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The Significance of Awareness and Credibility in Content Creation

Everywhere on your phone is content. Instagram has photos of influencer advertising products. Twitter has big corporations tweeting about being tired or catching up on the latest memes. Facebook has interesting articles shared by your friends or the pages you follow. Most significantly, every single result on Google is content. It's no surprise that companies in London are taking advantage of CMS development tools.

In marketing, content is crucial. It's one way to stay relevant in times of political correctness and information dissemination. This is why you should protect your brand by staying in the know and remaining credible by following these two tips:

Stay woke

Nothing can be worse for your brand than be "cancelled" by the internet. YouTube content creators are big proofs of this because they lose a ton of subscribers for every drama that arises. Manny MUA, with over 4 million subscribers, lost 250,000 followers after presumably going after Jeffree Star. Another example is James Charles, whose subscriber count went from 16.5 million to 13.8 million after being "cancelled" by Tati Westbrook.

While these examples do not directly exhibit political awareness, they illustrate the power of "cancel culture," a form of boycotting influential personalities, brands, and companies. However, the power of "cancel culture" is not in unfollowing or unsubscribing. It's in the calling out of big personalities for their racism, homophobia, misogyny, among other issues.

It’s crucial to stay informed and aware of current issues to avoid offending minorities and oppressed groups. The internet is a vast resource of information, so—as a content creator—you should stay well-read to influence the minds of your readers effectively.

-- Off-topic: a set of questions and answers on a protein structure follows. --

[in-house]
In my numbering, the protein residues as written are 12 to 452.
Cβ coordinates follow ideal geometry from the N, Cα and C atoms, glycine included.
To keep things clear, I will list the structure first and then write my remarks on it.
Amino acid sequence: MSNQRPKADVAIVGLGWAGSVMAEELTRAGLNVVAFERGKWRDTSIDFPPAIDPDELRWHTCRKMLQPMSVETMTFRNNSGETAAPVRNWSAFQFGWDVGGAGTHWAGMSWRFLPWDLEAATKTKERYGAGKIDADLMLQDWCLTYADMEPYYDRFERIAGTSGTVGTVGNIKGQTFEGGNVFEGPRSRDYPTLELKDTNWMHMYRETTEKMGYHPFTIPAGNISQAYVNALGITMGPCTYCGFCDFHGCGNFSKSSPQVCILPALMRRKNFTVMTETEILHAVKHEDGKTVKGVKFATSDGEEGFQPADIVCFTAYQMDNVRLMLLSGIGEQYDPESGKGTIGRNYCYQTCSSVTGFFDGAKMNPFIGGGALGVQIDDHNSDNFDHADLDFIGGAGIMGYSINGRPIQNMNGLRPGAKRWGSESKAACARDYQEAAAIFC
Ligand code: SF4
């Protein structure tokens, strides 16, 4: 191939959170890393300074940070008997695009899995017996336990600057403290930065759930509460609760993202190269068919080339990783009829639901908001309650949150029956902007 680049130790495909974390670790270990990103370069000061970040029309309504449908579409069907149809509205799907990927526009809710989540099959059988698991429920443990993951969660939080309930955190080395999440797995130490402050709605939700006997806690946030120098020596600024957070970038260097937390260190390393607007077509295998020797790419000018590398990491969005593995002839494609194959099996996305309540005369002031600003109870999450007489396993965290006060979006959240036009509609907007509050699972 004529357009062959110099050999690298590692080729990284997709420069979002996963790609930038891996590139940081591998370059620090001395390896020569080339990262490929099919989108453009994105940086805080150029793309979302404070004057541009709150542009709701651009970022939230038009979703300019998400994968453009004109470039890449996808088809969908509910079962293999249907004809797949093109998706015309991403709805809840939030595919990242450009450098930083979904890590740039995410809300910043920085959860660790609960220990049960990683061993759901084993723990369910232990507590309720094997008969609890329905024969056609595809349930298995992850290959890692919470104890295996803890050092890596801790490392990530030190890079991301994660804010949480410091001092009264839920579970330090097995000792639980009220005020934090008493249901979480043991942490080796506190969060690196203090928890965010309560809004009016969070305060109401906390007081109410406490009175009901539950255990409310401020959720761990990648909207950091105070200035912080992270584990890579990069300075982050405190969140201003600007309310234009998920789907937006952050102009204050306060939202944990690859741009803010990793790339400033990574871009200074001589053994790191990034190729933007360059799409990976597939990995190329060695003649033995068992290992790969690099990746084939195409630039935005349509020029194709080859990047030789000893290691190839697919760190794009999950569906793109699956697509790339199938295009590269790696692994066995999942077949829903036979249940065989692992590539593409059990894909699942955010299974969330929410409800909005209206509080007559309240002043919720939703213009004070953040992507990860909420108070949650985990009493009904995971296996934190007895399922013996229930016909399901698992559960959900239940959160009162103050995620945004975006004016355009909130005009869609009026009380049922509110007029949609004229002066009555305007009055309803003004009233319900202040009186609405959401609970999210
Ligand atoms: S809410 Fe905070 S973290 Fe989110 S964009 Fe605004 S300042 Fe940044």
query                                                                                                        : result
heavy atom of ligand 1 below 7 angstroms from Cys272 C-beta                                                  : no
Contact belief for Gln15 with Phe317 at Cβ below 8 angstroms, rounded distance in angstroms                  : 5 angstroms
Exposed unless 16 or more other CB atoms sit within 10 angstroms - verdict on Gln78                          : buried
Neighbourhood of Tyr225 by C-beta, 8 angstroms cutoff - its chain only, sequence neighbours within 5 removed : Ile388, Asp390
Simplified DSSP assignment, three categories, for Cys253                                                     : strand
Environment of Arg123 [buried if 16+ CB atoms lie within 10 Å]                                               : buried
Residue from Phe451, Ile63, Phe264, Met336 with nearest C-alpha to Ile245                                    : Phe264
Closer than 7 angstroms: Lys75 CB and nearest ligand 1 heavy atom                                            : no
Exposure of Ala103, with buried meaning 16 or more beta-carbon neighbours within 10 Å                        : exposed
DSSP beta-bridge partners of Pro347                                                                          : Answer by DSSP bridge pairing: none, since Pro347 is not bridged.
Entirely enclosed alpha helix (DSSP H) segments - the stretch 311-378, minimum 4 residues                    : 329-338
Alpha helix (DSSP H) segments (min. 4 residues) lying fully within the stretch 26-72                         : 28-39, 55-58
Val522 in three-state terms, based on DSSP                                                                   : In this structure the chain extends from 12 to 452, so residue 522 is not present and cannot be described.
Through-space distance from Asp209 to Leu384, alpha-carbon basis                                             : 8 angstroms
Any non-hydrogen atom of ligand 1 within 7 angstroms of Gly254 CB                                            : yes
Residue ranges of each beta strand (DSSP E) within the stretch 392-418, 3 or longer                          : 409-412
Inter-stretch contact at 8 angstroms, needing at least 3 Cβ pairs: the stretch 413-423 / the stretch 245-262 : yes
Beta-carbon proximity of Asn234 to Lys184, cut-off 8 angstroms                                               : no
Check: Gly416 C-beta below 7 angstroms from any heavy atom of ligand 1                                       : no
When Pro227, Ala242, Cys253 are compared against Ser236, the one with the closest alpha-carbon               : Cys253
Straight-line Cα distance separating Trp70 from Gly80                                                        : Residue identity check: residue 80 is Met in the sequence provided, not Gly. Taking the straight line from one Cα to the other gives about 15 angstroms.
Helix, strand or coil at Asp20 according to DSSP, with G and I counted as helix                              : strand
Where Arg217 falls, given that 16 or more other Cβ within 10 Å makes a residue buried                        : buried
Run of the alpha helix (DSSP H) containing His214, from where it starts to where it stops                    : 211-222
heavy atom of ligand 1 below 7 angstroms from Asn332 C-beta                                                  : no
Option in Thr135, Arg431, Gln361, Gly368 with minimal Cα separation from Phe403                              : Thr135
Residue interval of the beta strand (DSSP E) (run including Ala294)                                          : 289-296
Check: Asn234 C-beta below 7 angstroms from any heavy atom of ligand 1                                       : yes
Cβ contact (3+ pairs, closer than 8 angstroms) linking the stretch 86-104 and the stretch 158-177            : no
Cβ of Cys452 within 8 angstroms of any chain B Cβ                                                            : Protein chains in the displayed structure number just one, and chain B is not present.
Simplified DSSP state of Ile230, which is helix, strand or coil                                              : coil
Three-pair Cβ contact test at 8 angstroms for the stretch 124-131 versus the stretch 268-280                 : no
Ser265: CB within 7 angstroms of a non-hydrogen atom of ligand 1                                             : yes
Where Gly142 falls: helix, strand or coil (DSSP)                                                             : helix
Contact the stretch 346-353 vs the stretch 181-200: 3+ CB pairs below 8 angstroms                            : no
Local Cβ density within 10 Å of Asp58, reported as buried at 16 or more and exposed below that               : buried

Remember that it’s not because of the perceived hypersensitivity of the younger generations. It’s about respect and the acknowledgement of societal struggles in minor groups.

Research, research, research.

While the internet is a never-ending pool of information, it can also be a filthy trench of unwarranted “facts”. Take, for example, fake news. Fake news takes on different forms like "fabricated stories posing as serious journalism" and "written pieces and recorded segments promoting false information or perpetuating conspiracy theories." A study that aims to answer the question, "Who falls for fake news?", has shown that the way people receive fake news is similar to the way cognitive functions process made-up, randomly-generated sentences that essentially do not make sense, and the best way to combat this is through analytical thinking.

When dealing with facts, check on the reliability of the website. Is it well-established? Do they site or link their sources? Sites that are .edu, .org, .gov, and the like are credible since they are well-researched, unbiased, and based on Census statistics. You would also want to cite studies from online journals because it is guaranteed that the information they contain has been researched with the evidence presented. Also, while you’re at it, try to check on the grammar and structure because let's face it: Would you trust an article riddled with grammatical errors?

The times are changing, and younger generations are caring more about human rights and political awareness. They are also more careful about the information they receive. As a content creator, you should also cater to these changes.

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